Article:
For the data industry, manufacturers and emergency service providers, power outages just aren’t an option. Even the few seconds it takes for a modern generator to come online can be disastrous. If critical equipment so much as shudders, carefully timed factory lines create defective products, crucial financial data can be corrupted or lost and even more dire, hospital life support systems may stumble.
That’s why these sectors count on technologies called uninterruptible power supplies (UPS) to cover the transition from the power grid to a backup generator. Active Power, part of the Piller Group and ultimately owned by the UK engineering conglomerate Langley Holdings PLC has a UPS solution using a specialized rotating metal disc about as wide as a truck tire called a flywheel. When their customers request it, they place it inside a customized container such as our conex equipment enclosures and shelters. We worked with Active Power to design a containerized UPS equipment enclosure that could house a backup generator, switch gear, and UPS system all in one portable unit.
During a tour of their facility, Active Power showed Falcon’s marketing team an opened-up version of their flywheel. When we saw the flywheel spinning in a finished version, we noticed that after a simulated power outage, it kept turning longer than we would have expected, especially considering its weight. This is because Active Power has designed their system to have minimal friction. Fully enclosed in its shell, the flywheel maintains its momentum even longer thanks to a vacuum seal and a system of magnets that have a lifting effect.
In real-world applications, power from the grid flows into the facility and spins the flywheel in passing while it simultaneously supplies the load. If power from the grid suddenly cuts out, the flywheel will keep turning and power the facility with its momentum until the generator assumes the load.
Often, batteries have filled the gap between grid power and generator power but switching to flywheels has numerous advantages. Unlike batteries, flywheels don’t degrade over time, making them 12 times less likely to fail in an outage. End users also don’t have to continuously replace batteries, a significant cut to the UPS’s total cost of ownership. Flywheels take up less space and are more environmentally tolerant, making them far better for containerized solutions.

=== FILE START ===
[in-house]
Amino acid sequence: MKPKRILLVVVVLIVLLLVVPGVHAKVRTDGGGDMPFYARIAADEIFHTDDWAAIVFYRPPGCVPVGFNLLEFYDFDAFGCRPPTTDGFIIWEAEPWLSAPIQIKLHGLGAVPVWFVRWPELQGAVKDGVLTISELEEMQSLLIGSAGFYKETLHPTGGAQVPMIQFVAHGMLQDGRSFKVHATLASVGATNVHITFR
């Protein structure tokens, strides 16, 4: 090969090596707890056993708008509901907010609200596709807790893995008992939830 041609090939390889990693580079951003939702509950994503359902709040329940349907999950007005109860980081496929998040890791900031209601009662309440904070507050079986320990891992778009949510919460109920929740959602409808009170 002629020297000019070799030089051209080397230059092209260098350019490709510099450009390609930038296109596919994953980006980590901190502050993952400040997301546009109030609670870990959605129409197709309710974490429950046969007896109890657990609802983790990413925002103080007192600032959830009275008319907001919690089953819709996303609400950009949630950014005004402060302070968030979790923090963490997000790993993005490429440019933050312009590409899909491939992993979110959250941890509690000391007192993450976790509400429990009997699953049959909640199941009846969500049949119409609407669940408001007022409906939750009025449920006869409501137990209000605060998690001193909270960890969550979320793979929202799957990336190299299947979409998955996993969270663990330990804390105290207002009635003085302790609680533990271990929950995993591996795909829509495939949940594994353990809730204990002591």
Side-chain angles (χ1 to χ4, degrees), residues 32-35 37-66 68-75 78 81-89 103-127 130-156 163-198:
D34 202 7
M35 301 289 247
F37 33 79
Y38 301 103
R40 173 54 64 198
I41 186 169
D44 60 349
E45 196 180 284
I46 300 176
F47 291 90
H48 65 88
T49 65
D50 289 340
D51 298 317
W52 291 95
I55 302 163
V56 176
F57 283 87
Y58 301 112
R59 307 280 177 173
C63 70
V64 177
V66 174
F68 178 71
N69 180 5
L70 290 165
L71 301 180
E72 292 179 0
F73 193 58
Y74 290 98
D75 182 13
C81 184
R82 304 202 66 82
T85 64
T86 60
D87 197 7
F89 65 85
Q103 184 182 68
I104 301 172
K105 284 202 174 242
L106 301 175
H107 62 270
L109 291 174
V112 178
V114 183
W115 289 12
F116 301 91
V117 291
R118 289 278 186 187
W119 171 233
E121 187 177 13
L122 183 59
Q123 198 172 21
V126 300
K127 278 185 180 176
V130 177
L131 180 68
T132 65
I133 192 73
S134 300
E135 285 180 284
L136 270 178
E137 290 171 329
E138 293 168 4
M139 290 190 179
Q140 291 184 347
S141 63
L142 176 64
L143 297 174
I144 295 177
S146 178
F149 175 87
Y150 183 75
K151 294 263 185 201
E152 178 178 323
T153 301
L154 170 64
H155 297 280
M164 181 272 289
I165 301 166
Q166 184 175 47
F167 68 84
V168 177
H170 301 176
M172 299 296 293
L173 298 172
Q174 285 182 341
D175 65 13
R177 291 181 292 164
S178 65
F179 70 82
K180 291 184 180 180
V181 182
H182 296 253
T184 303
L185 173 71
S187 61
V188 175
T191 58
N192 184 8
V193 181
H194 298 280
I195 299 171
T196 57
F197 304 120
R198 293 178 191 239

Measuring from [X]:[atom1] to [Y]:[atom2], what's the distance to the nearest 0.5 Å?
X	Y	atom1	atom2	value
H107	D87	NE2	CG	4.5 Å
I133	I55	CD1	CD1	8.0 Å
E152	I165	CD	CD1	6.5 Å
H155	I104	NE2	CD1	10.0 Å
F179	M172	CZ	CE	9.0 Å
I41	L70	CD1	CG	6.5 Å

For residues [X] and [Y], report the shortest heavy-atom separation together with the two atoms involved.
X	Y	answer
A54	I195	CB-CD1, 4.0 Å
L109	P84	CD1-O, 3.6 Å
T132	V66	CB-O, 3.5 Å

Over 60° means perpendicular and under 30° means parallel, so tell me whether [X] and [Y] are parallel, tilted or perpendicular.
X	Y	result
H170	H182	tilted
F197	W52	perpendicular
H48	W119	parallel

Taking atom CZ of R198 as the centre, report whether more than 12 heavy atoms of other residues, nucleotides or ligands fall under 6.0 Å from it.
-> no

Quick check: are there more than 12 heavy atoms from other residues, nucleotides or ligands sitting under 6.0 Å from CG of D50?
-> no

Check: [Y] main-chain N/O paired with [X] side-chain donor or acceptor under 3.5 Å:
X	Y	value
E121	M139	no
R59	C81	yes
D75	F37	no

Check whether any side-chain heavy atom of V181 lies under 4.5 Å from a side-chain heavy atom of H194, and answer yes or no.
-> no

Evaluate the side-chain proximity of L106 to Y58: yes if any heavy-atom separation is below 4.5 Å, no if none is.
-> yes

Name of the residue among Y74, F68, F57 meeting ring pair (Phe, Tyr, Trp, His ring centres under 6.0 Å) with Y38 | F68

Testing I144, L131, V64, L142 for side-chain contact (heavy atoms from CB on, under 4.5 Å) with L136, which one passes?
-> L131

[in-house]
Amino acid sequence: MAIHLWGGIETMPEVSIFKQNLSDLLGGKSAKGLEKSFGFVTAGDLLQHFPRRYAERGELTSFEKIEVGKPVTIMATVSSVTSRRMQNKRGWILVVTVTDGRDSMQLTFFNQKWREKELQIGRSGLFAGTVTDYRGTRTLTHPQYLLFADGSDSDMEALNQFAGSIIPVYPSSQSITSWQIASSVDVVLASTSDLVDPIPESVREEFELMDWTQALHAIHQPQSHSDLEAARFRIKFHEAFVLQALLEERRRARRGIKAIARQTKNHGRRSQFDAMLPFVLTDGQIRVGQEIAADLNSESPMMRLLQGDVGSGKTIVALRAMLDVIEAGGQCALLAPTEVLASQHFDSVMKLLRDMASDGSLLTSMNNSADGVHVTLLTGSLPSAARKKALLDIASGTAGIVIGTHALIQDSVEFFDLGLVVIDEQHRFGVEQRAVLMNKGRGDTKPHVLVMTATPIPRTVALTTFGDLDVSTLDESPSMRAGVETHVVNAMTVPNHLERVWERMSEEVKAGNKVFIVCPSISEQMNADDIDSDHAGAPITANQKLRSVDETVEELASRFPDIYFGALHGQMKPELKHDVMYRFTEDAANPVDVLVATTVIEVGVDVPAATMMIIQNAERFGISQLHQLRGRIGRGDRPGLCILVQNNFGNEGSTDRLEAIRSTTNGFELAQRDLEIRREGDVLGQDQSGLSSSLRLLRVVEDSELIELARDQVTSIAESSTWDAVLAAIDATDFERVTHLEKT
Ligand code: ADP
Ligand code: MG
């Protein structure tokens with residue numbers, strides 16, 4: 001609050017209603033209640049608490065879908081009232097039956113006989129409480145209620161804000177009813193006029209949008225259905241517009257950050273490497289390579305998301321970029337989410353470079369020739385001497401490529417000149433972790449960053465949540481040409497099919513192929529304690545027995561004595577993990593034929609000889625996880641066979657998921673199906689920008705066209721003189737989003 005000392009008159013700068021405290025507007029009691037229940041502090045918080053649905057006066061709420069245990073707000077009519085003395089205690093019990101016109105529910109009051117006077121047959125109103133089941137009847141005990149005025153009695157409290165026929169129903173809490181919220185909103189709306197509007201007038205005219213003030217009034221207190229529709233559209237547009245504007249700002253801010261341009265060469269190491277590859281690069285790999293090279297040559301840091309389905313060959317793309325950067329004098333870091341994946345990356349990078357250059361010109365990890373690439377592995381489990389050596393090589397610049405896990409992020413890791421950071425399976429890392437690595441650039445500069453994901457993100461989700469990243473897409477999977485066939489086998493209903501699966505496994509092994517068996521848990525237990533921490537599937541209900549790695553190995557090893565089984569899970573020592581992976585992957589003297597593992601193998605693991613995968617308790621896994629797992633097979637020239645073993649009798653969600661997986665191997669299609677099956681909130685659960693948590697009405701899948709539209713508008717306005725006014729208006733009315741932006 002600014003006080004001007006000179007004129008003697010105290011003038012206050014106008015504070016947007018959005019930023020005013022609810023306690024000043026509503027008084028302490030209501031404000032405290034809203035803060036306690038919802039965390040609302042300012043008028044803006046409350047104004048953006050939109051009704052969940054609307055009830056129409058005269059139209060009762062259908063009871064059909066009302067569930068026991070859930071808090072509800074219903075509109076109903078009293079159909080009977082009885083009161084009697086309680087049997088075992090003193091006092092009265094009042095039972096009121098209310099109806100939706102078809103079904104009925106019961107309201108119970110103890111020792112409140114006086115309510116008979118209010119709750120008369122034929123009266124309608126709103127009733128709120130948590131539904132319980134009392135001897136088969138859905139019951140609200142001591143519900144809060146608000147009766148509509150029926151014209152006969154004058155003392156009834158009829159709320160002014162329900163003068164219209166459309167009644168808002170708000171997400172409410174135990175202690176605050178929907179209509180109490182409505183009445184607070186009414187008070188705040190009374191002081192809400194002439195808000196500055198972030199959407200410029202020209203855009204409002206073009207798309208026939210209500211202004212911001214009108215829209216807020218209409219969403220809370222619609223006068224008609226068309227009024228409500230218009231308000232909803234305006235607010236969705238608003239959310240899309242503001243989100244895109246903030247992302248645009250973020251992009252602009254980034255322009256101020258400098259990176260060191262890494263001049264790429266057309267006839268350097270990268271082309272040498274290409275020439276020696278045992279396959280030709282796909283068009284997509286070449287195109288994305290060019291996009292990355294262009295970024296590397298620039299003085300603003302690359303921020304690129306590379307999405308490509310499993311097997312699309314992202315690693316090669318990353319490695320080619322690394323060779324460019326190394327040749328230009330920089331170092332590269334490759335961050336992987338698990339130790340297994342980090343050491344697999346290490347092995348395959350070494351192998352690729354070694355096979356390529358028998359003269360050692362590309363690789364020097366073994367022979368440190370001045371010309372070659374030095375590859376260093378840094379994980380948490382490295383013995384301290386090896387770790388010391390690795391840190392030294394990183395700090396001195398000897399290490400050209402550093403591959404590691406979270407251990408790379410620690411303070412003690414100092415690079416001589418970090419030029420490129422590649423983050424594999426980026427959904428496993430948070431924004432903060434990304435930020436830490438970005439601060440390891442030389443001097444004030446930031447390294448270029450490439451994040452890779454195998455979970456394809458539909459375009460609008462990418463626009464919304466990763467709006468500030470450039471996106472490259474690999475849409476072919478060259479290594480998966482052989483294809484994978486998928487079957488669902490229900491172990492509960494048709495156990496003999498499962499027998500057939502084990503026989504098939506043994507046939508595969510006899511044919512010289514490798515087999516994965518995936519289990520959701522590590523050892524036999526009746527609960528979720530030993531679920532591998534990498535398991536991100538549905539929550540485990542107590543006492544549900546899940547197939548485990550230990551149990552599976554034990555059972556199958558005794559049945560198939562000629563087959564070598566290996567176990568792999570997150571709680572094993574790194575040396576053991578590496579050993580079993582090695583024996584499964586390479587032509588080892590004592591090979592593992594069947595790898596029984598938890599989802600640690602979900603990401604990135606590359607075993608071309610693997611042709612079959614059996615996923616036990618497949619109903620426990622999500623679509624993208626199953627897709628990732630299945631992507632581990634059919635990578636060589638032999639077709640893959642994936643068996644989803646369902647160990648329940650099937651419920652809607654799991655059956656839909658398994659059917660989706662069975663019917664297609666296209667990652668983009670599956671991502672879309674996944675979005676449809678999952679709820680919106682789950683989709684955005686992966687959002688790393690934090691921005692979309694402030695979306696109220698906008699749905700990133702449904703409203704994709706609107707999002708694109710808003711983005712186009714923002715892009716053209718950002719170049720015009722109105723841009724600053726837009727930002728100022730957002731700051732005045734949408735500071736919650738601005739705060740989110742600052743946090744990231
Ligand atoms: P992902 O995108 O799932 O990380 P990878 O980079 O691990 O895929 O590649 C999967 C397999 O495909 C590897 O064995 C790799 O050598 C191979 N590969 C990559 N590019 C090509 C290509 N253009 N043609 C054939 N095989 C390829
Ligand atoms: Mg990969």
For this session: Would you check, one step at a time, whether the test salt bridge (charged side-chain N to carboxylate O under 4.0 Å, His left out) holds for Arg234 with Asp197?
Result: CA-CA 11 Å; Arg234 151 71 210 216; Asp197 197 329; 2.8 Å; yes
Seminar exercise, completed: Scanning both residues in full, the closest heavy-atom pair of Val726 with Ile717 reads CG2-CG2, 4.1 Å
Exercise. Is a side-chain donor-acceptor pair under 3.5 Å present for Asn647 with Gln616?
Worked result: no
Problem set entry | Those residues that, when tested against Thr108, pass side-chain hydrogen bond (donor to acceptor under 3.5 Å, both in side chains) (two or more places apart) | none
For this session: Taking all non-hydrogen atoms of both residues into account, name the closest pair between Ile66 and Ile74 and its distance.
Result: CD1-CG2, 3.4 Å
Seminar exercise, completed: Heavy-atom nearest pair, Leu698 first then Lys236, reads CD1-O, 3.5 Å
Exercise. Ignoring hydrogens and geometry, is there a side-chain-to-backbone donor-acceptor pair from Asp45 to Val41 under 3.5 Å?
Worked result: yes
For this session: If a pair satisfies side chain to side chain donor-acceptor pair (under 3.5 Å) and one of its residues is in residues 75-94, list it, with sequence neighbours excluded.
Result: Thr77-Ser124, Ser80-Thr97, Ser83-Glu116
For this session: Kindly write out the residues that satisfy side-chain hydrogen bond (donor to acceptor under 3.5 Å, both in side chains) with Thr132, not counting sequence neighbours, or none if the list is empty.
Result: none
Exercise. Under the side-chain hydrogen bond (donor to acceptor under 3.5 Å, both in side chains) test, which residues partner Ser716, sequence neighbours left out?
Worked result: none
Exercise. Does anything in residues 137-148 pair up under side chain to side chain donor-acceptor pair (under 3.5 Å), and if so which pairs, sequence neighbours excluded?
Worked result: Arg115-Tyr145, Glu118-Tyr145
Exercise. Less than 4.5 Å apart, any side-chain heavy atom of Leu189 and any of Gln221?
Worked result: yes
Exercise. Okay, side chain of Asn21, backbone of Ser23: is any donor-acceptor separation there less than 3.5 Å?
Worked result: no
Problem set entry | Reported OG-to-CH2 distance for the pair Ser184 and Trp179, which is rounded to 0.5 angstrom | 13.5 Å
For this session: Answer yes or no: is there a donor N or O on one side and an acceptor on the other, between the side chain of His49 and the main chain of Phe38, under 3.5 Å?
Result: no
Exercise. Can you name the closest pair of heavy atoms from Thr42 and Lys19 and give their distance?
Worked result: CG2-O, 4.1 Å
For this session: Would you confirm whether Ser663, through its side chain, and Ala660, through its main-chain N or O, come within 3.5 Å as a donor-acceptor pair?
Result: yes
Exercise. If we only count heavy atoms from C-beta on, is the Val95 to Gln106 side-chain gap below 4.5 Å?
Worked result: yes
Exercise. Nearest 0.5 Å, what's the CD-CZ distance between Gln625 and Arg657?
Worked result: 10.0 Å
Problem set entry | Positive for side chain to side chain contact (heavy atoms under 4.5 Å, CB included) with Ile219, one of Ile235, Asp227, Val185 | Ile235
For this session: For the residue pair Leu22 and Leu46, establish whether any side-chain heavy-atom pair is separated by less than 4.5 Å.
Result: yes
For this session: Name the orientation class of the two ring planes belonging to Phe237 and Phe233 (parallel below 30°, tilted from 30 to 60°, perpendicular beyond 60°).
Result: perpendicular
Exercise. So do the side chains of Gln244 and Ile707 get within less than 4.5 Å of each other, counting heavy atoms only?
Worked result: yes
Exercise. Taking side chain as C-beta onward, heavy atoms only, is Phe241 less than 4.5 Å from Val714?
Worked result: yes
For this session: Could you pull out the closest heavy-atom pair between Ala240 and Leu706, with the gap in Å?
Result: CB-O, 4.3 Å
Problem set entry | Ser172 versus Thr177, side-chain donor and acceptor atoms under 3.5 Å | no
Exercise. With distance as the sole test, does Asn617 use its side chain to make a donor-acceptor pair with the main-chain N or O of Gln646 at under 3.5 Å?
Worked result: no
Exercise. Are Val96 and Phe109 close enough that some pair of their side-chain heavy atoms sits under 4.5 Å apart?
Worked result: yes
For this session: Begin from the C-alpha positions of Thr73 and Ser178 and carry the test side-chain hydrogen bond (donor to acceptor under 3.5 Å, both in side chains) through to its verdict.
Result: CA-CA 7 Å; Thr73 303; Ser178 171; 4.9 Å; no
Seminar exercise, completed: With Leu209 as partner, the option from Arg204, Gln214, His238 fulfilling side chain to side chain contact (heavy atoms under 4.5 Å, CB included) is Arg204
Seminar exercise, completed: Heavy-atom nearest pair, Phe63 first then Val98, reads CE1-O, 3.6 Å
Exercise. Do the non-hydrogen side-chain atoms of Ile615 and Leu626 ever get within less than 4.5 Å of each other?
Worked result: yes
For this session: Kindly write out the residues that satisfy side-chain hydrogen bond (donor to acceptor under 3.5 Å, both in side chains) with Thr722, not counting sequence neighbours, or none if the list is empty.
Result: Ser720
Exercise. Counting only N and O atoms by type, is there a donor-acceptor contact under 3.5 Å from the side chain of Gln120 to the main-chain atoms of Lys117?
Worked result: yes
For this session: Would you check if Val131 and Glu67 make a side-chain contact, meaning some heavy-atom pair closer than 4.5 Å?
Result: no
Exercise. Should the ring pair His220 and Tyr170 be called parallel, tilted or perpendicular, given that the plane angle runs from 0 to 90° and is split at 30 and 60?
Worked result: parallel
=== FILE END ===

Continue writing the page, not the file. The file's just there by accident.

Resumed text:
The inherent mobility and small footprint of a conex ups equipment enclosure would enable the customer to place the UPS with minimal site prep, and the unassuming exterior would hopefully go unnoticed by vandals. Designed with the specs of a type 3R enclosure the container can be placed inside or outside the customer’s manufacturing facility, maximizing their flexibility.
To keep their equipment cool, we also added cut-outs for industrial grade air conditioners and utility ports. Perforated steel walls on the interior helped deaden the noise of the air conditioners and created a sleek industrial appearance.
Normally when we ship out a conex equipment enclosure, we can only imagine what the final product will look like, but this time we got to see the loaded container in Active Power’s facility. Filled with hundreds of feet of cable and Active Power’s flywheel UPS systems, we could see it was ready to start a second life as the solution for power outages. Seeing our work in action meant a lot to us and we appreciate that the Active Power team took the time to show us yet another use for shipping container equipment enclosures.
Want to learn more about containerized equipment enclosures? Check out:
- Case Study: Shipping Container-Based Enclosures for Audio Equipment
- Case Study: Conex Water Treatment Equipment Enclosure for Portable “Dewatering” Plant to Treat Coal Ash Pond Water
- Downloadable Guide: How Containerized Water Treatment Equipment Enclosures Improve Efficiencies
You can always contact us at 877-704-0177 or firstname.lastname@example.org if you have more questions.
About Active Power
Active Power designs and manufactures flywheel uninterruptible power supply (UPS) systems, modular infrastructure solutions (MIS), and energy storage products for mission critical applications worldwide from its headquarters and manufacturing plant in Austin, Texas. The company was founded in 1996 and became public in 2001(NASDAQ listed); until acquired in November 2016 by Piller Power Systems Inc, the US subsidiary of Piller Group GmbH. Today, customers are served via Austin and the Piller global network of subsidiaries and service centers that support the deployment of systems in more than 50 countries. Active Power and Driven by Motion are registered trademarks of Piller Power Systems Inc. The Piller group is a division of the UK engineering and industrial group, Langley Holdings plc.